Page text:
Finding your way around the cell

Our annotated diagram shows you what goes where

Credit:

Illustration © Glen McBeth

 

  1. Plasma membrane (or cell surface membrane): a phospholipid bilayer that contains cholesterol and proteins. It is a fluid layer that surrounds the cell and enables it to communicate with its neighbours and detect and respond to changes in the environment. It also acts as a physical barrier, controlling what can enter and exit the cell.
  2. Extracellular matrix: the material in between cells that holds tissues together, usually made of scaffolding proteins such as collagen. Important for cell-to-cell signalling.
  3. Nucleus: the information centre of the eukaryotic cell, where the DNA is stored, replicated and copied into messenger RNA (mRNA) through transcription
  4. Nuclear envelope: double membrane that separates the contents of the nucleus from the cytoplasm. 
  5. Nuclear pores: gaps in the nuclear envelope that allow substances to move in and out of the nucleus.
  6. Nucleolus: part of the nucleus that produces ribosomes.
  7. Endoplasmic reticulum (ER): an extensive network of membranes. Rough ER is studded with ribosomes and is a site where proteins are made, folded and moved to the Golgi apparatus. The roles of smooth ER include lipid and steroid synthesis and drug detoxification.
  8. Ribosomes: molecular machines, built from ribosomal RNA (rRNA) and protein, that make new proteins from mRNA through a process called translation. They are found as ‘free ribosomes’ in the cytoplasm and bound to the rough endoplasmic reticulum.
  9. Golgi apparatus: one of the wondrously complex membrane systems in the cytoplasm, which modifies, packages and directs newly made proteins to where they are needed.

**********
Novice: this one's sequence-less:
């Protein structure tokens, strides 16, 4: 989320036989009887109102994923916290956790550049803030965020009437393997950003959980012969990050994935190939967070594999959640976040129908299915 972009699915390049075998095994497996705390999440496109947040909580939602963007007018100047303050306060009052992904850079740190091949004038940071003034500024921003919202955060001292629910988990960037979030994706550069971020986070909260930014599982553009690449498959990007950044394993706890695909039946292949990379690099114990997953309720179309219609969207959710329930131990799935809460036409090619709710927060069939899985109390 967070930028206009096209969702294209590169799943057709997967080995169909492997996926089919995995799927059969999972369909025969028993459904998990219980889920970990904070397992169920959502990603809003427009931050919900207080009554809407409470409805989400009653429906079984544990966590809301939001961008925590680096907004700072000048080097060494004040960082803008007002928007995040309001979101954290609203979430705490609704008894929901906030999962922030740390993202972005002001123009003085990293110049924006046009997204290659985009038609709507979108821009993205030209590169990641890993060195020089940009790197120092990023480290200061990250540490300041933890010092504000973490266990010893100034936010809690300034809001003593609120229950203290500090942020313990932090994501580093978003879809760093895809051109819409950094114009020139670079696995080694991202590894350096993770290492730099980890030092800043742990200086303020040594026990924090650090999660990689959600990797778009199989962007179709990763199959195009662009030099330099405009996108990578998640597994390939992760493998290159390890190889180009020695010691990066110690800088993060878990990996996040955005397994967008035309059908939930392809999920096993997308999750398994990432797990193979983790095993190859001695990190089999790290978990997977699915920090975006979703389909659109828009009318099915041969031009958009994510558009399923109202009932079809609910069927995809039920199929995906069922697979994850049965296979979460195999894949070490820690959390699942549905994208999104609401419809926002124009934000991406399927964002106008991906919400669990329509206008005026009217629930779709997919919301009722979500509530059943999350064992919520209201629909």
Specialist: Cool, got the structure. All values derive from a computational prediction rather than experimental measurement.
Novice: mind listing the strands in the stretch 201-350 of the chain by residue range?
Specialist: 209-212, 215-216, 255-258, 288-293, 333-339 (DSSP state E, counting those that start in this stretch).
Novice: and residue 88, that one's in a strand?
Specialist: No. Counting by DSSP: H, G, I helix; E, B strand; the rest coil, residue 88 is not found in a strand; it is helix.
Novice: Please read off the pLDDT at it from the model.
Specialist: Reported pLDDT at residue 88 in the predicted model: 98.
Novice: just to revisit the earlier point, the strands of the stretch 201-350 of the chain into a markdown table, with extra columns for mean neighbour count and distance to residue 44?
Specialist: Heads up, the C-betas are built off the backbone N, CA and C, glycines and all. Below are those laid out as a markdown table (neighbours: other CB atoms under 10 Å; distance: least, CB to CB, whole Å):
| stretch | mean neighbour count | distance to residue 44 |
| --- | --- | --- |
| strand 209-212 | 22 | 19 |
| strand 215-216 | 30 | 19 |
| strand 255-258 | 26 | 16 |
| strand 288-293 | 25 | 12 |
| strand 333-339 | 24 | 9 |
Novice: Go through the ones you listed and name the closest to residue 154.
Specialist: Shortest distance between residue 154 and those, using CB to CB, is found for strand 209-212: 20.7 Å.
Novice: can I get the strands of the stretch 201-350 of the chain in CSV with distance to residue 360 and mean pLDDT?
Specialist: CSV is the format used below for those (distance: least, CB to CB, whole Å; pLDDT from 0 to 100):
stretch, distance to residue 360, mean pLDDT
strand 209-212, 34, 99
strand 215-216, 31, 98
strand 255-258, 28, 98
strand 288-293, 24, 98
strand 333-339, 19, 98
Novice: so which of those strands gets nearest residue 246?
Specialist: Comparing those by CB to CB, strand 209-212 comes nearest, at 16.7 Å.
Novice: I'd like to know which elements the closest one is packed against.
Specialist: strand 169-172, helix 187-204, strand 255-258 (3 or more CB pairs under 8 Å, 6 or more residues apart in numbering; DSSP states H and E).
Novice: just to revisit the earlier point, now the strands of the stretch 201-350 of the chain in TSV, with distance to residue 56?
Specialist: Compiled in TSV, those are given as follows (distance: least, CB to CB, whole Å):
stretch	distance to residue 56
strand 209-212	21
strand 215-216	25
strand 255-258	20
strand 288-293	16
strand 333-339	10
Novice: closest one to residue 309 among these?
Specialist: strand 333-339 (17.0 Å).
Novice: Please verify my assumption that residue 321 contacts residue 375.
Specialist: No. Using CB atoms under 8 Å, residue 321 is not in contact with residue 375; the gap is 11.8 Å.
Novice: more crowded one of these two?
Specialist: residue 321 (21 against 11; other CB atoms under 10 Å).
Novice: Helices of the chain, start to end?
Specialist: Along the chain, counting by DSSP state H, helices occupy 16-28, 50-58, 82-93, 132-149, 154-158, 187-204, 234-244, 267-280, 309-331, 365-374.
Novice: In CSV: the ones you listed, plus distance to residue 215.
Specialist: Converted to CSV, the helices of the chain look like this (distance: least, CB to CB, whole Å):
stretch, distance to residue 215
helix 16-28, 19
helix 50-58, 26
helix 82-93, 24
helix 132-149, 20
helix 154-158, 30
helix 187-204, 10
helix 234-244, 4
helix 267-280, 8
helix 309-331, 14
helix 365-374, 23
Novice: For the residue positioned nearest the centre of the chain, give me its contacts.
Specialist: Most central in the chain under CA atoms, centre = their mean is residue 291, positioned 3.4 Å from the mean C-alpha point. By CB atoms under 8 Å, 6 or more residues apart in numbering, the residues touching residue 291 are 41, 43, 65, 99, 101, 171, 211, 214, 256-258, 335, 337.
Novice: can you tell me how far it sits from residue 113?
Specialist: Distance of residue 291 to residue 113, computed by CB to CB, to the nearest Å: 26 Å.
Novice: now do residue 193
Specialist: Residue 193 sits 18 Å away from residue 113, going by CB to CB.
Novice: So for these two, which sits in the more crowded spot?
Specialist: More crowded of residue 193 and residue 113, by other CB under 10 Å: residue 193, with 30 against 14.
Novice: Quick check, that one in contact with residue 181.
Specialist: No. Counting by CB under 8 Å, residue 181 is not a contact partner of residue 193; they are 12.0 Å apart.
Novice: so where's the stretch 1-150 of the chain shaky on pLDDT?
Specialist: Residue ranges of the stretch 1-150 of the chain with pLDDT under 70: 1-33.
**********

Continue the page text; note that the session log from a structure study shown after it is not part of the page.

10. Cytoplasm: everything in the cell outside the nucleus; a viscous aqueous fluid (cytosol) containing water, proteins, other organic and inorganic molecules, and organelles. This is the site of many biochemical reactions. 
  11. Mitochondria (singular: mitochondrion): rod-shaped bodies in the cytoplasm that supply chemical energy to the rest of the cell. They are surrounded by a double membrane (envelope). 
  12. Microfilaments: these are made from repeating actin subunits. Responsible for cell movement and changes in shape, and make muscle contraction possible. The thinnest component of the cytoskeleton.
  13. Vacuole: internal bags, surrounded by a membrane, which cells use for storing food or waste. 
  14. Microtubules: small, tubular assemblies of protein, made from repeating tubulin subunits, which help maintain the cell’s internal structure and move organelles and cytoplasm using molecular motors. Part of the cytoskeleton.
  15. Centrioles: a pair of organelles that organises microtubules into spindles on which chromosomes are separated when cells divide.
  16. Lysosomes: membrane-bound organelles that are the cell’s rubbish disposal and recycling units; contain hydrolytic (digestive) enzymes.

Downloadable resources

About this resource

This resource was first published in ‘The Cell’ in January 2011 and reviewed and updated in September 2015.

Topics:
Cell biology, Health, infection and disease
Issue:
The Cell
Education levels:
16–19, Continuing professional development